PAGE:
Acknowledgments

This study has been developed in partnership with The Pharmacy Guild of Australia, the National Aboriginal Community Controlled Health Organisation (NACCHO) and Griffith University. We wish to acknowledge the contribution of Ms Helen Bowden, Mr John Gregg, and Ms Isobel Shearman in the development of initial versions of the study proposal and Dr Santosh Tadakamadla for assistance with an early draft of this manuscript.

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Footnotes

  • i Please note that the use of the term ‘Indigenous’ in this manuscript includes all Aboriginal and Torres Strait Islander people and acknowledges their rich traditions and heterogenous cultures.

  • ii The MedsCheck and Diabetes MedsCheck Programme provides for in-pharmacy reviews of consumers who are taking multiple medications and/or have newly diagnosed or poorly controlled type 2 diabetes. These reviews are aimed at enhancing the quality use of medicines and reducing the number of adverse drug events experienced by consumers. A Home Medicines Review (HMR) is designed to enhance the quality use of medicines and reduce the number of adverse medicine events by assisting consumers to better manage and understand their medicines through a medication review conducted by an accredited pharmacist in the patient’s home (http://www.6cpa.com.au/medication-management-programs).

  • iii My Health Record is a secure opt-out online summary of an individual’s health information, introduced in 2018 and available to all Australians. Healthcare providers authorised by their healthcare organisation can access My Health Record to view and add to their patient’s health information. Information available includes: a patient’s health summary, medication prescribing and dispensing history, pathology reports, diagnostic imaging reports and discharge summaries (http:\\www.myhealthrecord.gov.au).

  • Contributors AJW, JS and FK designed the research protocol. AJW is the principal investigator and led the intervention and training development, and evaluation plan. JS developed the economic evaluation plan, led the selection of primary outcome measures and datasets and led the Department of Human Services data application. FK led the ethics application process and contributed to the intervention and training development and evaluation plan. RSW provided statistical expertise and sample size calculations for the study. AM provided cultural oversight to the study design and contributed to the training components. PAS provided expert oversight of the economic evaluation section. AJW, JS, FK, AM, PAS and RSW were named investigators on the funding proposal. EV and MS conceived the initial funding proposal (including the need for the study and a new model of care) as representatives of their respective organisations and contributed to the development of the research protocol. MS undertook the initial literature review. All authors were involved in the revision of this protocol and made a significant contribution towards its intellectual content, and approved the final version of the article.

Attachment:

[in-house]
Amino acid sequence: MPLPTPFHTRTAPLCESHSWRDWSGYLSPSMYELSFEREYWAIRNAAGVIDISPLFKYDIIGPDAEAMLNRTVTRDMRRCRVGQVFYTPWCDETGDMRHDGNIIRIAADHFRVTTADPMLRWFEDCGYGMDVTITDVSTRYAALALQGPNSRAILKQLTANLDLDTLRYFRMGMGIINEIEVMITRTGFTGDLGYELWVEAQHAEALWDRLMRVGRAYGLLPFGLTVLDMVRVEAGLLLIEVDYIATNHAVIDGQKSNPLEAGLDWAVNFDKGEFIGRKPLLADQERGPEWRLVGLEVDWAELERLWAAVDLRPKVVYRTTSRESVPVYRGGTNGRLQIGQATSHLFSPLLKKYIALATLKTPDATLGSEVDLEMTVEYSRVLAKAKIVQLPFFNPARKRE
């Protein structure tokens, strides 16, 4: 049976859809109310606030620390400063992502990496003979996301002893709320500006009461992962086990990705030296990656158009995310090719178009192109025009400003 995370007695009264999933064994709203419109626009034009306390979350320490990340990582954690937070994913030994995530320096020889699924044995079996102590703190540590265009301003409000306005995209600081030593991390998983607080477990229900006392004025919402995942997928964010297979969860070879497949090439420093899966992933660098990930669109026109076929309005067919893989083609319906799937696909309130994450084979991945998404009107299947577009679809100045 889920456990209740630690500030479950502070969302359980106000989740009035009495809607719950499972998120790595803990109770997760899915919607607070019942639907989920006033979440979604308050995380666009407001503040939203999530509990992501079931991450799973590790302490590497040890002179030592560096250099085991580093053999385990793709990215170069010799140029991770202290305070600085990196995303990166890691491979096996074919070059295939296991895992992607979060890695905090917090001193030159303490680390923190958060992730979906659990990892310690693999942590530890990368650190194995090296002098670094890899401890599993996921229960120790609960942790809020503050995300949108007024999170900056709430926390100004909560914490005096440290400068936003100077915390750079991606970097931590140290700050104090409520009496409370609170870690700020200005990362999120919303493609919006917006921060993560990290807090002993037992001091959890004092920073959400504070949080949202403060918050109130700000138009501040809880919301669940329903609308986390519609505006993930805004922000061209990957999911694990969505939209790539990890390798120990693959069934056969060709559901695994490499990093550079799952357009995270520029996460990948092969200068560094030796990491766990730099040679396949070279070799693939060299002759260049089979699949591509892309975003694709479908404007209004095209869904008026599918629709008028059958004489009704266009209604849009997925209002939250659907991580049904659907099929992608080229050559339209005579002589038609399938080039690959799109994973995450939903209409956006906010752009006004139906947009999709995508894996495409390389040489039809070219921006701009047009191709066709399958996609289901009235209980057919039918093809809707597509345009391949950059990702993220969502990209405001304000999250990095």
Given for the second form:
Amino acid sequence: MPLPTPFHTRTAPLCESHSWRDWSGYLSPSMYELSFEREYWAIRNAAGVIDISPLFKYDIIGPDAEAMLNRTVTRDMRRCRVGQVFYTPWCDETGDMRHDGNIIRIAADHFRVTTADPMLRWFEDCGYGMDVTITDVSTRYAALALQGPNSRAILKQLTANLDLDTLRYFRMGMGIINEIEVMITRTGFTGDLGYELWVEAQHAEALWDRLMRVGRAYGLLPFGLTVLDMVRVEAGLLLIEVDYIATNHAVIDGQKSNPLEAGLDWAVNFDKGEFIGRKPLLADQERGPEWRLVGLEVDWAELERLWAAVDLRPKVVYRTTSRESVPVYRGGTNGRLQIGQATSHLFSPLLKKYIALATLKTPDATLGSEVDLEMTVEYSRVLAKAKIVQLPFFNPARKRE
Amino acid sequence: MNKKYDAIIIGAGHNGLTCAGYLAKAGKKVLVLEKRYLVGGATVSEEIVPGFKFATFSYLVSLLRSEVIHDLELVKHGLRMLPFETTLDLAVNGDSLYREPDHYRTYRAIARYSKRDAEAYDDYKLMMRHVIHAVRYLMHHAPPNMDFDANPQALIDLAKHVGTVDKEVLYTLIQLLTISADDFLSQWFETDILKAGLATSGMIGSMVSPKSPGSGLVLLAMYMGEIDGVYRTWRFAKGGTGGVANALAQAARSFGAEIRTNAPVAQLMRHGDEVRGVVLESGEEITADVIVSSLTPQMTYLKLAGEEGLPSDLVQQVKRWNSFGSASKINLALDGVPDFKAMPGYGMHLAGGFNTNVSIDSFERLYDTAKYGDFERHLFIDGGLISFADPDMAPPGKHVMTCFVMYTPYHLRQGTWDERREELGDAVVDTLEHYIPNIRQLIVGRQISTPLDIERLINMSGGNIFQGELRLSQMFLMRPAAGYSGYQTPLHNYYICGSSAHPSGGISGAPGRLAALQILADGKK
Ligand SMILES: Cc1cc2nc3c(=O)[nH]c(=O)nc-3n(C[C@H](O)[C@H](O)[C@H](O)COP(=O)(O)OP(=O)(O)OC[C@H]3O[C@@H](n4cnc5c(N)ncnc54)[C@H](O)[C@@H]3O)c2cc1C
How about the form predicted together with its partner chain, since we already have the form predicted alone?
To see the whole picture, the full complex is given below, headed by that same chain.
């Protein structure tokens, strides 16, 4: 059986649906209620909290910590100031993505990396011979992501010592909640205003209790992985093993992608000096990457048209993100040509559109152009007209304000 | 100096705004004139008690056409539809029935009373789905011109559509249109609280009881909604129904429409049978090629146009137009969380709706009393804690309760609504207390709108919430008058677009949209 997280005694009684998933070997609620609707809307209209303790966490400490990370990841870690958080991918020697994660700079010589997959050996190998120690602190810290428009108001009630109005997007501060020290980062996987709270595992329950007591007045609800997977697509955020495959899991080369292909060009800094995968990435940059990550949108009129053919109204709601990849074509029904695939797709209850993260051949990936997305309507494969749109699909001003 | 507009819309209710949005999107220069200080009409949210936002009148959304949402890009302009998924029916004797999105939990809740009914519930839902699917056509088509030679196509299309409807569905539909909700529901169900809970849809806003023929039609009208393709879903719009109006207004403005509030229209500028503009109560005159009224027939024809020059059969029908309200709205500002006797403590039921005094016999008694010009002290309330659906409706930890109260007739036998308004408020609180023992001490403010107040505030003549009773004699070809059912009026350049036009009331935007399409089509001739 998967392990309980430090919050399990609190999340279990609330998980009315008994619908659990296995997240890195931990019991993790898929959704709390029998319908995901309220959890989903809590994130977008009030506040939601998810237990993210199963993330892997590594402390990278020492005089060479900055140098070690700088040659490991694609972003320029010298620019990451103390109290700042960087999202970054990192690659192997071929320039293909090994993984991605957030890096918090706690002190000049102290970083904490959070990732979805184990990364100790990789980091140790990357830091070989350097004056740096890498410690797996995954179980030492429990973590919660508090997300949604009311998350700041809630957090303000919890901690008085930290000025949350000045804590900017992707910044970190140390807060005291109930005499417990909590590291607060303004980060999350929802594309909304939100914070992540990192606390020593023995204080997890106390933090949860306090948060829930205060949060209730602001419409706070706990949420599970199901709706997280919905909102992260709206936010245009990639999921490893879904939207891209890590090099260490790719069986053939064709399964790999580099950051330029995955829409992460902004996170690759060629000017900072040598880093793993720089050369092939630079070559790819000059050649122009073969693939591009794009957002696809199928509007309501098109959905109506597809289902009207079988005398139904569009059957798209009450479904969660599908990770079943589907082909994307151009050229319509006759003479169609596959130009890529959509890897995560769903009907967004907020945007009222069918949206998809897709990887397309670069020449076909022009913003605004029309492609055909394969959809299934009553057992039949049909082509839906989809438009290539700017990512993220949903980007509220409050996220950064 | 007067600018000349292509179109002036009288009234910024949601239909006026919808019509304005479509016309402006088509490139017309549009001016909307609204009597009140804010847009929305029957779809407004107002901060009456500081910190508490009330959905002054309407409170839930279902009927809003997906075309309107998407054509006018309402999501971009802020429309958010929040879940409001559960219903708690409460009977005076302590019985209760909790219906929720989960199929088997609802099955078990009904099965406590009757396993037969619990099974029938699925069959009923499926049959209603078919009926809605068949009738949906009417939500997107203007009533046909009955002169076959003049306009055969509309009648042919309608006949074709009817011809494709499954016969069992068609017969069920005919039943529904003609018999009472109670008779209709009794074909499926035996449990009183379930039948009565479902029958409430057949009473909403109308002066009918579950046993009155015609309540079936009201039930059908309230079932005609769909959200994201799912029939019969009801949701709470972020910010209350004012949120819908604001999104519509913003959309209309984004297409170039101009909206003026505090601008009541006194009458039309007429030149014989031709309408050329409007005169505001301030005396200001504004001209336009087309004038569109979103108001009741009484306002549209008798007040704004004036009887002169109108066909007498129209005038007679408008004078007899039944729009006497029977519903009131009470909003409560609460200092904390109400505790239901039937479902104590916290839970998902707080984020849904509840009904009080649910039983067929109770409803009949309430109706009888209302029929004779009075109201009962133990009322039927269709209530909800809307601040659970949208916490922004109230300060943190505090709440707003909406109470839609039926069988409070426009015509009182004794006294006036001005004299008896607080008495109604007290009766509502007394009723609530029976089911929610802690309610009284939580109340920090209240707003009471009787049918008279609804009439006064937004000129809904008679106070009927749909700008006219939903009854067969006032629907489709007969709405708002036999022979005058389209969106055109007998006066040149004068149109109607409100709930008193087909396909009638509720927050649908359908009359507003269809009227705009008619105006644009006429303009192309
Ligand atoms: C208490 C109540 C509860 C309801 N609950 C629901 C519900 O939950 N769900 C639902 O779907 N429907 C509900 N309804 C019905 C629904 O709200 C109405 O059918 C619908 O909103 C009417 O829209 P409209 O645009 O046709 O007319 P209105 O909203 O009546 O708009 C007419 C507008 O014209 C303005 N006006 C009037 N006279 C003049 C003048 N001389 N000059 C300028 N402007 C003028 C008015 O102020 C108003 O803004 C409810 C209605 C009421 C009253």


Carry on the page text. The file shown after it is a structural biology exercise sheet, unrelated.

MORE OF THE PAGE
• Funding This work was supported by the Australian Government Department of Health under the Sixth Community Pharmacy agreement to the amount of $3,488,224.

  • Competing interests None declared.

  • Patient consent Not required.

  • Ethics approval Griffith University Human Research Ethics Committee (2018/251), Queensland Government Metro South Hospital and Health Service Human Research Ethics Committee (HREC/18/QPAH/109), Aboriginal Health and Medical Research Council of New South Wales (1381/18), Far North Queensland HREC (18/QCH/86-1256), and Central Australian Human Research Ethics Committee (CA-18-3090).

  • Provenance and peer review Not commissioned; peer reviewed for ethical and funding approval prior to submission.